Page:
9. Terry Bozzio, “The Black Page #1 and #2,” Frank Zappa (circa 2008 performance)
The Black Page is one of the most complex drum solos ever. In fact, it earned its name because Frank Zappa (the composer) had so many notes on the sheet that it looked like a blank page.
Terry Bozzio is one of the few humans who are capable of playing this piece perfectly, and he does just that in this 2008 performance. You might think that he might have improvised sections of it, but he has actually played the piece to perfection. He has somehow developed complete mastery over this incredibly complex piece.
Frank has written this piece quite unconventional, and the rhythms are bizarre. However, Bozzio has nailed each odd beat and percussive runs of his to the millisecond. What makes this feat even more impressive is that he performs it live. It is one thing to record a complex solo in a studio where you can have multiple redos, but it’s a whole other game when you have to perform it live in front of thousands without missing a beat.
Frank is known to want absolute perfection from his drummers, and Bozzio has been delivering that forever.
10. Ginger Baker — “Toad,” Cream (1968 performance)
Ginger Baker has laid down a highly complex solo that is somehow completely mad sounding and musical at the same time. Not many have replicated the intricacy of this solo since him!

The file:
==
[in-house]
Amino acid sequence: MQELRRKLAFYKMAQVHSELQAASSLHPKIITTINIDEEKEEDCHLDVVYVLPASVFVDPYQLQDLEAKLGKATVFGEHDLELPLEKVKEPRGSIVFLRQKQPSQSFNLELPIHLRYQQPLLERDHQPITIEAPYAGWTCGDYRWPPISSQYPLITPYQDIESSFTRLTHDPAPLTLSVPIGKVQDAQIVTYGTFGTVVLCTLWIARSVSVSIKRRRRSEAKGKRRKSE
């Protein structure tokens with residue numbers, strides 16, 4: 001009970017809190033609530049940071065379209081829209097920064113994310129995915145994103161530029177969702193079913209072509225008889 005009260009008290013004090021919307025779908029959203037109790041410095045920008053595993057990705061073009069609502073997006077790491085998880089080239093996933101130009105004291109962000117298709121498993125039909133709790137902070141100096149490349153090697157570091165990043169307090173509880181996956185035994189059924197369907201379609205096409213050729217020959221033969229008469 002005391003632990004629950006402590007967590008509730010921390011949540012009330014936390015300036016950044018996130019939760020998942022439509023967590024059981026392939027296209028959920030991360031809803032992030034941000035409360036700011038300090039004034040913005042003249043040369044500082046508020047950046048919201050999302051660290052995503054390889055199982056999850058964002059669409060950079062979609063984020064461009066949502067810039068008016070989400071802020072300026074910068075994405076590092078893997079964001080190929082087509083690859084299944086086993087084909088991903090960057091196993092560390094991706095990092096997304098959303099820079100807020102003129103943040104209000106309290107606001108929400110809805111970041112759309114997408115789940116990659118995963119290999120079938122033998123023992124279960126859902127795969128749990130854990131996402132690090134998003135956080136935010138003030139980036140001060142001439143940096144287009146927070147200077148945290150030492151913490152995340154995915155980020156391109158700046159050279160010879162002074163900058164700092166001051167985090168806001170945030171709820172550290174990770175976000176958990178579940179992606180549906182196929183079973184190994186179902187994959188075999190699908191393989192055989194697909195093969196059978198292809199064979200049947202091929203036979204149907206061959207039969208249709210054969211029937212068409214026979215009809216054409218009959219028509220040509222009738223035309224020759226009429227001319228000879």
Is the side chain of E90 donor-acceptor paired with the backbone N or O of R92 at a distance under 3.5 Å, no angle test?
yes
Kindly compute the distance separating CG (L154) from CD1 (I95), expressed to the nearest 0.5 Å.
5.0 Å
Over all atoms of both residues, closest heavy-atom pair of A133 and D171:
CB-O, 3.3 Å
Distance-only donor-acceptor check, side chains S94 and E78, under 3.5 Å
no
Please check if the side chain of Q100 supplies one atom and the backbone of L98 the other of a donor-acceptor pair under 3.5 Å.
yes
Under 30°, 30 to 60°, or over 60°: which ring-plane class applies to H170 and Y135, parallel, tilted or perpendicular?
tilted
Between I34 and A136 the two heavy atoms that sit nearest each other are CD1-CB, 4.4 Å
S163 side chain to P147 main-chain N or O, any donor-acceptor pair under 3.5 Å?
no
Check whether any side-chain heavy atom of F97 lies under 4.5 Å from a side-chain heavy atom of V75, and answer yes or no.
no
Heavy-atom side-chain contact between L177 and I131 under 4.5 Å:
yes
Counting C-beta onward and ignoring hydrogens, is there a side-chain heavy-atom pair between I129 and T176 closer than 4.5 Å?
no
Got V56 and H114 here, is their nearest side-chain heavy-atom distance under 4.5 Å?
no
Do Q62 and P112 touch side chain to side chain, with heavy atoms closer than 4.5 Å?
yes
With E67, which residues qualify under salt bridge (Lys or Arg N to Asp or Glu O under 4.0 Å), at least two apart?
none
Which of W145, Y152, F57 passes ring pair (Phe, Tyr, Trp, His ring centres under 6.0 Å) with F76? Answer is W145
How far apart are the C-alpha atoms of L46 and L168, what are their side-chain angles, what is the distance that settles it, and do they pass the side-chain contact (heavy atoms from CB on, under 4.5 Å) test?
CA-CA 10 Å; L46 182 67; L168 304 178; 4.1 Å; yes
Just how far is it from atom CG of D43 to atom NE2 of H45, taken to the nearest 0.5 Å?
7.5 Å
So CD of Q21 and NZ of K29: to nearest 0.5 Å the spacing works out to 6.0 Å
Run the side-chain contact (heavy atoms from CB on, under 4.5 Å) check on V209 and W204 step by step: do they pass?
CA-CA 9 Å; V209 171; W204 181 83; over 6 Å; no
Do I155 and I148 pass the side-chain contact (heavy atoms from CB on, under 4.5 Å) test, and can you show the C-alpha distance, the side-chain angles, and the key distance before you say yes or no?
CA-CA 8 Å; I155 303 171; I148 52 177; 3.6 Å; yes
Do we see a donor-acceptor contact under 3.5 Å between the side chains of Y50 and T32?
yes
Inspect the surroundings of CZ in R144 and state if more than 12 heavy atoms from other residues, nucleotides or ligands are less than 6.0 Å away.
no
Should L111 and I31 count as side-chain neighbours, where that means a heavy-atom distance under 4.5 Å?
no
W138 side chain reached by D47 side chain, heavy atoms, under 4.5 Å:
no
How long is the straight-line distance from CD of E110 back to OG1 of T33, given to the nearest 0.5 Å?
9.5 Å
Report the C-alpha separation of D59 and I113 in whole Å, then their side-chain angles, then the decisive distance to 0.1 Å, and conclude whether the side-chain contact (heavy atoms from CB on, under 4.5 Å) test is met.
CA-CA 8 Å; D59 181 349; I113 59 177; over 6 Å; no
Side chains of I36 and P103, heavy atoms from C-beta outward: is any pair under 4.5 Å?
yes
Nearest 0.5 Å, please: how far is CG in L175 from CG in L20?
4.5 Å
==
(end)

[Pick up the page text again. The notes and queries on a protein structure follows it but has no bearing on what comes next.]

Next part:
This is primarily a jazz solo that is very melodic and has many cymbal-heavy sections. However, you will realize that Baker is still, at his core, a rock drummer from the snare-heavy sections. He has excellent control over his limbs and was just filled with energy.
While this 1968 performance in Royal Albert Hall is him playing at his prime, he continued to perform Toad well into his 60s. He performed the same piece at the same location in 2005, when he was 65 years old!! No wonder he is called rock’s first superstar drummer.
11. Billy Cobham — “Tenth Pinn” (1974 performance)
Billy Cobham was one of the most prominent pioneers of his period. He was one of the earliest fusion drummers; he was able to merge jazz and rock drumming harmoniously. He was also one of the earliest adopters of the open-handed technique. You can see many of his pioneering techniques and methods in this Tenth Pinn drum solo.
Performing in 1974 at the Kongsberg Jazzfestival, Cobham would showcase his incredible speed and control along with his innovations. He would be playing single-stroke rolls at light speed, any new drummer who saw that would feel demotivated because of how impossible it looks.
Cobham has helped develop many unconventional techniques like having the ride on the left side, open-handed technique, and fusion drumming. He would end up influencing so many drummers with his innovations.